Themes in 4e are an expanded idea on backgrounds. They are more character defining because they give more to your character than +2 to a skill or two, more hit points, or proficiency in a weapon, etc. They allow a character to play a little bit outside of his primary role or reinforce that role with some extra abilities. They give more things to do in the early levels of the game when you simply don't have much going on (which is why the level 1 feature is most often an encounter power).

From what they've said, they look to be combining the mechanical concept of backgrounds and themes into one. What this sounds like to me is that you'll get a bit of both and that they will give the same kind of benefits that both do. I'm hoping for extra combat powers (spells, exploits, prayers, whatever you want to call them) as well as the nice character building bonuses like skills or unusual abilities outside of combat out of most themes.
Themes in 4e are an expanded idea on backgrounds. They are more character defining because they give more to your character than +2 to a skill or two, more hit points, or proficiency in a weapon, etc. They allow a character to play a little bit outside of his primary role or reinforce that role with some extra abilities. They give more things to do in the early levels of the game when you simply don't have much going on (which is why the level 1 feature is most often an encounter power).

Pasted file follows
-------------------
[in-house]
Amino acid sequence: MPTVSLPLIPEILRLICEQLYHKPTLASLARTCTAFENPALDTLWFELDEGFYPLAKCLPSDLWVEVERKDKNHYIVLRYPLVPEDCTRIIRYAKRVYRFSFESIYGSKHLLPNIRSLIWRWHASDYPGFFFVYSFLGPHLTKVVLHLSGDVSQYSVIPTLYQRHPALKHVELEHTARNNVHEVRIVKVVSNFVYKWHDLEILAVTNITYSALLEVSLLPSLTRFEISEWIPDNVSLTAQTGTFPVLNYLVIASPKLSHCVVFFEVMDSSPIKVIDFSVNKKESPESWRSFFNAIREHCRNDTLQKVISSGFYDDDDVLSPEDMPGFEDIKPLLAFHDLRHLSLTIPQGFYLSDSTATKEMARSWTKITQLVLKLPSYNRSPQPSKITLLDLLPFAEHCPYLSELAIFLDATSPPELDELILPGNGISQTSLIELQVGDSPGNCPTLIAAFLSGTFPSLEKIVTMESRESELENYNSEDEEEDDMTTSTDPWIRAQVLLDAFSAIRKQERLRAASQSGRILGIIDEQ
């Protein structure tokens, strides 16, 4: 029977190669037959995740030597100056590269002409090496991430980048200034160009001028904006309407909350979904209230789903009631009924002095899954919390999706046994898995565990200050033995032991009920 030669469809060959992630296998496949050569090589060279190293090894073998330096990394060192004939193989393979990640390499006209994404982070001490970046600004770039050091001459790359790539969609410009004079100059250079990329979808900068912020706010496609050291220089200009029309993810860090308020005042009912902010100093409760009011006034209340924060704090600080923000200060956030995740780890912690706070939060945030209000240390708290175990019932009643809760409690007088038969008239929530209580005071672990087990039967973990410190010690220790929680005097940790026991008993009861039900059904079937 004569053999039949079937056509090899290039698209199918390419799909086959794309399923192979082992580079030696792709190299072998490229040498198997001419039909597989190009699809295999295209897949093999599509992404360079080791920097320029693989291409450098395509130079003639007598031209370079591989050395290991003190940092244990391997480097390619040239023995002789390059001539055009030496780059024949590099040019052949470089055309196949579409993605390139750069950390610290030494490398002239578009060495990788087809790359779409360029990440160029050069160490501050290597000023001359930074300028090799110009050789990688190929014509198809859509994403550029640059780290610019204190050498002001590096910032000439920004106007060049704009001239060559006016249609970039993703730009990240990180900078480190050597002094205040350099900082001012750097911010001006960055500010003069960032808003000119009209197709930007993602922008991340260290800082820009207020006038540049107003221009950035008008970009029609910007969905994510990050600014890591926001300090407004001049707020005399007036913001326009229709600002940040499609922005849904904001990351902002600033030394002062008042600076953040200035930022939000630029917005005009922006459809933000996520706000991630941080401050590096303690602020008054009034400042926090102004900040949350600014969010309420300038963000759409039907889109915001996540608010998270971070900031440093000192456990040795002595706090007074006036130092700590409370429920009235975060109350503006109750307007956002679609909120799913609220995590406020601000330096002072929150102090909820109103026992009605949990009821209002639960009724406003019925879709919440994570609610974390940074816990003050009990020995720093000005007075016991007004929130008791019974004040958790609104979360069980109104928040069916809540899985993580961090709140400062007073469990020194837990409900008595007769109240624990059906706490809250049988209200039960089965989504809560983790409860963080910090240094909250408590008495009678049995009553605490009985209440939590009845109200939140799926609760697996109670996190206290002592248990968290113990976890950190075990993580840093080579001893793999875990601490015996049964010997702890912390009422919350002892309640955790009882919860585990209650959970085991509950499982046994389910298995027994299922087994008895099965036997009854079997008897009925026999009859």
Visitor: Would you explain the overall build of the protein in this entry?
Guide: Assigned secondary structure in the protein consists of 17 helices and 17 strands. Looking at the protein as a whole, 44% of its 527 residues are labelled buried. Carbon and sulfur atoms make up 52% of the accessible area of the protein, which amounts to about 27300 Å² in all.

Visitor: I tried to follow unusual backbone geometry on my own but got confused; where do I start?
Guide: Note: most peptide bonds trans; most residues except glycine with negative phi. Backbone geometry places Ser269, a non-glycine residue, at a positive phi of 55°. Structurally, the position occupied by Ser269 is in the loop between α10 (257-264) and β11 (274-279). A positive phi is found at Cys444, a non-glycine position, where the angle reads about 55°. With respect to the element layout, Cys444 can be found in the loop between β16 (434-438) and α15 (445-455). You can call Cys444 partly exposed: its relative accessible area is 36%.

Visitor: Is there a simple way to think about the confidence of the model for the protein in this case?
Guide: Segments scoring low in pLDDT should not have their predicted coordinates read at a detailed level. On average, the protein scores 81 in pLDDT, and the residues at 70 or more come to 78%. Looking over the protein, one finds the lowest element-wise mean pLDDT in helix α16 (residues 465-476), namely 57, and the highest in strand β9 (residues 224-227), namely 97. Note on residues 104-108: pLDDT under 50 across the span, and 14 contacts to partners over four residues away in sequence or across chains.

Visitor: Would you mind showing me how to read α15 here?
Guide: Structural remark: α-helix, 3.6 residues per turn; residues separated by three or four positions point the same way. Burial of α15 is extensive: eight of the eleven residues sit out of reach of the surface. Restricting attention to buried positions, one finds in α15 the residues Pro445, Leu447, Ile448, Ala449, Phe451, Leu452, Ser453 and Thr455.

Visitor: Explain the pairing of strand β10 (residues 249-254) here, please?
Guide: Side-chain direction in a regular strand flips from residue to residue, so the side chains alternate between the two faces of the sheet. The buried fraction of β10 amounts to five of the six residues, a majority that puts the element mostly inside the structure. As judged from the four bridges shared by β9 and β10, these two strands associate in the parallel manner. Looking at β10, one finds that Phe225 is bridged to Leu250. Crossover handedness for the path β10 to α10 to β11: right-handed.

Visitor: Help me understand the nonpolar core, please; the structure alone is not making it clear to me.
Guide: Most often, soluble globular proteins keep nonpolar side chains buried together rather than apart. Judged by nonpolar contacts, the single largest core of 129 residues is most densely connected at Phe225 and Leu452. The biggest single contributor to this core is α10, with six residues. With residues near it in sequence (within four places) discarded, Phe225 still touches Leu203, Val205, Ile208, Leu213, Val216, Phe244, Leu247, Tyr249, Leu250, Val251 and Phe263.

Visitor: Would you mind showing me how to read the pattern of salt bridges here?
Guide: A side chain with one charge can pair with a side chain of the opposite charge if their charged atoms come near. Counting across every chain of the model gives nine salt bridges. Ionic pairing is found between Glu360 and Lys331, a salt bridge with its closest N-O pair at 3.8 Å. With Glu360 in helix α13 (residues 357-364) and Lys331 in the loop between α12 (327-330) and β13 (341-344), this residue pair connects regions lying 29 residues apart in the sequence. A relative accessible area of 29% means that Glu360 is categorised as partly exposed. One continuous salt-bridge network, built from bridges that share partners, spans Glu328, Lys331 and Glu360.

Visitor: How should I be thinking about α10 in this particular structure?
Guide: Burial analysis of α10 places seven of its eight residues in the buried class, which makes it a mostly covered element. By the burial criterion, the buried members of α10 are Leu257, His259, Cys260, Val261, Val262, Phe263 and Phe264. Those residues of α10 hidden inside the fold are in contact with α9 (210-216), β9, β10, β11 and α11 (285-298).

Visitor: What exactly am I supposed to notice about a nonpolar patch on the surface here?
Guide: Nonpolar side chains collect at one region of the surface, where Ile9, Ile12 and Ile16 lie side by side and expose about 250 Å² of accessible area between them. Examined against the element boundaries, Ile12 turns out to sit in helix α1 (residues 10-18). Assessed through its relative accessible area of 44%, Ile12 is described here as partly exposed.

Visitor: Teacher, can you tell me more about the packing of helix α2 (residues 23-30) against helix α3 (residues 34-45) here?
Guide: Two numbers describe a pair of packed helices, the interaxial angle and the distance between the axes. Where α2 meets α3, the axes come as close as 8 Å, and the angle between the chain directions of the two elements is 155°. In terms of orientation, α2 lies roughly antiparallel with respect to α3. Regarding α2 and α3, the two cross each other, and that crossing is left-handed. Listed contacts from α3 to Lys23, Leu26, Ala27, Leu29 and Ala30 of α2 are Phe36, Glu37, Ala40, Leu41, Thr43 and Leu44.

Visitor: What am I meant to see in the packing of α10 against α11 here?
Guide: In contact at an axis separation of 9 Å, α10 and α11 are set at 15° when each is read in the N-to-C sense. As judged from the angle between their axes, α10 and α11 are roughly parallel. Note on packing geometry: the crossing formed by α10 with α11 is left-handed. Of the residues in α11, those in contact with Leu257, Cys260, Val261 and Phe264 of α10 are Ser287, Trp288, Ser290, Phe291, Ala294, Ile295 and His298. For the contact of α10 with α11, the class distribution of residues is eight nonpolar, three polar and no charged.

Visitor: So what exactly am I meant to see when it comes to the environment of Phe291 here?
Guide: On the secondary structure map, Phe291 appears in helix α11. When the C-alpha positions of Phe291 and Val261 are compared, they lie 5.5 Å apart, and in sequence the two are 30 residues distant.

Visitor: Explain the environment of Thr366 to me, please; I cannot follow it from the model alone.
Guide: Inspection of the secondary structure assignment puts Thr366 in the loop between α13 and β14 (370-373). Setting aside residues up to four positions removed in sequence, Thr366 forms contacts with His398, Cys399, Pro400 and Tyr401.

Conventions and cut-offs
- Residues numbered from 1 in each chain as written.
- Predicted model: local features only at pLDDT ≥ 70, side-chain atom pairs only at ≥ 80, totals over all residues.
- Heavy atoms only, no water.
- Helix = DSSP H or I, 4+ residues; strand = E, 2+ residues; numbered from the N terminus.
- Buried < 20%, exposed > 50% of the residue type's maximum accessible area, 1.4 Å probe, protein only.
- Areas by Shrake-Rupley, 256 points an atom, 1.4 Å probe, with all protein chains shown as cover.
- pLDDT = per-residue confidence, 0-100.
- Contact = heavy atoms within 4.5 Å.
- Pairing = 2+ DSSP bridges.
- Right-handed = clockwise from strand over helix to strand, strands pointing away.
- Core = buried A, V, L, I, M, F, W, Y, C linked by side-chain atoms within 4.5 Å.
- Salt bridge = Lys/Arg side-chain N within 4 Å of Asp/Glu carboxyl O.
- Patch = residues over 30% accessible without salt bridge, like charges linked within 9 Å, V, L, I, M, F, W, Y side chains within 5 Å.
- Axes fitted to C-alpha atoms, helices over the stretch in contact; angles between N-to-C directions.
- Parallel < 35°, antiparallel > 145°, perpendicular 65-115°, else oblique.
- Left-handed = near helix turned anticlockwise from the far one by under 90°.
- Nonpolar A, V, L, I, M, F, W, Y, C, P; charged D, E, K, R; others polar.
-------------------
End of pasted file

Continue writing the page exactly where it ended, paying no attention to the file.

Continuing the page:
From what they've said, they look to be combining the mechanical concept of backgrounds and themes into one. What this sounds like to me is that you'll get a bit of both and that they will give the same kind of benefits that both do. I'm hoping for extra combat powers (spells, exploits, prayers, whatever you want to call them) as well as the nice character building bonuses like skills or unusual abilities outside of combat out of most themes.



boom this is sort of what I want from themes I kinda like being able to mix and match themes and backgrounds but  a theme giving both in combat abilites as well as some interesting out of combat abilities will be cool.  

My personal hope for themes is that they are easily home brewed.  It seems like the best and easiest way to invent some flavor to be added to a character without having to home brew an entirely new base class.  So say your running a home brew campaign setting and you want to add some of that home brewed campaign setting's flavor to the characters. Invent some home brew themes and offer them up to the players as awesome flavorful bits that can be used for this campaign.
My personal hope for themes is that they are easily home brewed.  It seems like the best and easiest way to invent some flavor to be added to a character without having to home brew an entirely new base class.  So say your running a home brew campaign setting and you want to add some of that home brewed campaign setting's flavor to the characters. Invent some home brew themes and offer them up to the players as awesome flavorful bits that can be used for this campaign.